Around 40 million people in the U.S. are caregivers to family members, but a quarter of those people are millennials. Millennials are defined as those born between 1981 and 1996, and many of them have grandparents—or even parents—who need daily health care. This means that many millennials must put their own lives aside to step in (and step up) with financial and operational support for their loved ones. Millennials should prepare for their futures early on and medicaid planning would be beneficial to them.

Millennials face a new whole set of obstacles than older caregivers. Obstacles include having their own children, or starting a new career that requires more time and attention than caregiving. AARP found that millennial caregivers, on average, provide 21 hours per week of caregiving duties, which is the amount of time that would be required by a part time job. 53% of these millennials already hold down a full time job in addition to taking care of a family member.  

Some challenges that millennials face while being a caregiver:

Financial costs. For millennials, the cost of being a caregiver can be a huge source of stress and burden. Millennials carry an average of $10,000 in student loan debt, and they have to juggle not only paying for themselves and their own student debts, but also the higher-than-ever cost of caregiving.

Feeling alone. millennials may feel alone when faced with a big responsibility, such as caregiving. With such a large responsibility, some Millennials may that the set of obstacles they face is different than others of their age. In a survey, nearly 75% of young caretakers feel lonely compared to older caretakers. The stress and emotional strain of caregiving can be incredibly difficult to face alone, without someone to relate to.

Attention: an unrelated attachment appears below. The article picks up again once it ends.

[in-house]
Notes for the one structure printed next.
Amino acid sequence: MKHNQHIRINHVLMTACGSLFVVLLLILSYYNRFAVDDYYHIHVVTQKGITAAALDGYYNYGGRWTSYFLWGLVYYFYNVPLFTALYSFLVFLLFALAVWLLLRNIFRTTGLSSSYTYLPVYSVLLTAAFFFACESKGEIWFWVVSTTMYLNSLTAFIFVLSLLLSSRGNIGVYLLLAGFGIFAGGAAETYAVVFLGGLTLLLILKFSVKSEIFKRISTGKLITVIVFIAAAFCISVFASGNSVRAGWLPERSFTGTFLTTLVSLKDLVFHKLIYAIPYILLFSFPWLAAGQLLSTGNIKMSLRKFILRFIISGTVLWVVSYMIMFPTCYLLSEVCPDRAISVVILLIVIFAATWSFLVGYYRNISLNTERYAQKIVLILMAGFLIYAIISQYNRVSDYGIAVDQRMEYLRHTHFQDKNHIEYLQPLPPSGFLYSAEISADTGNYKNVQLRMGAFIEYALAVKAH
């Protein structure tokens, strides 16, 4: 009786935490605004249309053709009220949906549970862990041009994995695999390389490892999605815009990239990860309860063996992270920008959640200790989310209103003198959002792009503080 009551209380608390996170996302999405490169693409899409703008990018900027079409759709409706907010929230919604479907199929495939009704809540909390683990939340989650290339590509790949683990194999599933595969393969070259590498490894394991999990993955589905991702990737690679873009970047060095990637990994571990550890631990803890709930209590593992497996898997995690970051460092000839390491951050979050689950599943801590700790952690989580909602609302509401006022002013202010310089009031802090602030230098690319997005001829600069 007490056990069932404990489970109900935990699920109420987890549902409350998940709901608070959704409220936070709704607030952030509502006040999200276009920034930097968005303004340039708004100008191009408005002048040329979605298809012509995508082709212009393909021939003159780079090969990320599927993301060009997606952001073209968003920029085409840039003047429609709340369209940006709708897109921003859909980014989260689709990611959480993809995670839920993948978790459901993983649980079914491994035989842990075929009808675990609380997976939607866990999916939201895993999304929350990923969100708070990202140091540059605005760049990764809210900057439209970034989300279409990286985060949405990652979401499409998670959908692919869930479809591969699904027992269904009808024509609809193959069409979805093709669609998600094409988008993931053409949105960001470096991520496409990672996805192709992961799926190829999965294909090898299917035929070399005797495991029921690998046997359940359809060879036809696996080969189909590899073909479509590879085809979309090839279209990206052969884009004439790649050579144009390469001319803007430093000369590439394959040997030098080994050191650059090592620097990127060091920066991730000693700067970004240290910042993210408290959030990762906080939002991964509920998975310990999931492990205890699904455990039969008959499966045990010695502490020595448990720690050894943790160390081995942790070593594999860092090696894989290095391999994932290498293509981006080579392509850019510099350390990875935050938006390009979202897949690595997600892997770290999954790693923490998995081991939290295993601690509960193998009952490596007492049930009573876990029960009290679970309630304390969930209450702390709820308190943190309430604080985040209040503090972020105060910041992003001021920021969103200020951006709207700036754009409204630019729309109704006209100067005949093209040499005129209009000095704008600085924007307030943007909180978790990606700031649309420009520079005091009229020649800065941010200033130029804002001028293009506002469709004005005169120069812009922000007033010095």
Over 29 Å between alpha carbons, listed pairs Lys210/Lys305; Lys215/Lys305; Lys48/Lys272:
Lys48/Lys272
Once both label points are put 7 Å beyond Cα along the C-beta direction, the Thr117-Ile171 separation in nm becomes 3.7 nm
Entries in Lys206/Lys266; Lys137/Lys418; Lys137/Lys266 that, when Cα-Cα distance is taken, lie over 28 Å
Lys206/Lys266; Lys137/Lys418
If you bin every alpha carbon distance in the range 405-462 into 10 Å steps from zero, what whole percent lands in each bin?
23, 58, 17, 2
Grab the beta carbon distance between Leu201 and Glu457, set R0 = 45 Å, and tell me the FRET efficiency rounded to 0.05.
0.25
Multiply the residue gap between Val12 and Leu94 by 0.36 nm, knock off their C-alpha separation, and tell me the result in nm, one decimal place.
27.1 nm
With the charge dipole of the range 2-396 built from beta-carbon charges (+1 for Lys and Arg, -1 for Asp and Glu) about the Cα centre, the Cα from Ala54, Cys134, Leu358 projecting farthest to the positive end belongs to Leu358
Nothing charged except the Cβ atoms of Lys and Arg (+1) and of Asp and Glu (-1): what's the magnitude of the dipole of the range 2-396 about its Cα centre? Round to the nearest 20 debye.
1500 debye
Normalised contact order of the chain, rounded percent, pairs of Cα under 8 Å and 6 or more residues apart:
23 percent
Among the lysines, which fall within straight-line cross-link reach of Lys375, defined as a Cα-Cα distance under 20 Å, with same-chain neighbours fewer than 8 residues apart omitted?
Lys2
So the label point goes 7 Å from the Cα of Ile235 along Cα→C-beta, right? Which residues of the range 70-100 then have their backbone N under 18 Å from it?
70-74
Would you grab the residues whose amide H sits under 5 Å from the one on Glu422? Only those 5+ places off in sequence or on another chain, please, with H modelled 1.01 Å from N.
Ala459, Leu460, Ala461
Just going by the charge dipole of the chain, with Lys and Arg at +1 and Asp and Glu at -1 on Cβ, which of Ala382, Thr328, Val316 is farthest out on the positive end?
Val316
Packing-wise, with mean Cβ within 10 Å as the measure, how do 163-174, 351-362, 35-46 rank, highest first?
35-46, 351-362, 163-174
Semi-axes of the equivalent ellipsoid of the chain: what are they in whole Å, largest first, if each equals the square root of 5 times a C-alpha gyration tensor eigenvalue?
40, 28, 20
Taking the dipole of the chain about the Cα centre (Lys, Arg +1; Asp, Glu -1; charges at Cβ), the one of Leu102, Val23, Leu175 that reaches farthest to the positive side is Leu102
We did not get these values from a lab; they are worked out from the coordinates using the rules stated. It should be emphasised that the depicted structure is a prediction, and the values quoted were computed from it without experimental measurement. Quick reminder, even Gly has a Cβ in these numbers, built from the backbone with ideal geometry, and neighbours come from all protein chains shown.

Missed milestones. With a balancing act that includes working, having a social life, and taking care of a loved one, Millennials may not have enough time to celebrate certain important events in their life. Milestones such as buying a house or taking vacations may be downgraded importance, especially when you have mountains of debt and a family member to take care of. Millennials are no longer celebrating milestones on the same timeline as earlier generations as it is, but those with caregiving responsibilities tend to reach even fewer of those typical milestones altogether. 

With the high burden of caregiving placed on the millennial generation, Medicaid Planning is more important than ever. Medicaid planning includes making sure you have long term health care insurance, hiring an elder law attorney, getting your estate planning in place, or even having an adult daycare set up to give your caretakers a break. 

Don’t leave it all to your family and friends—take action and start planning now. Contact our offices and start planning for your future today.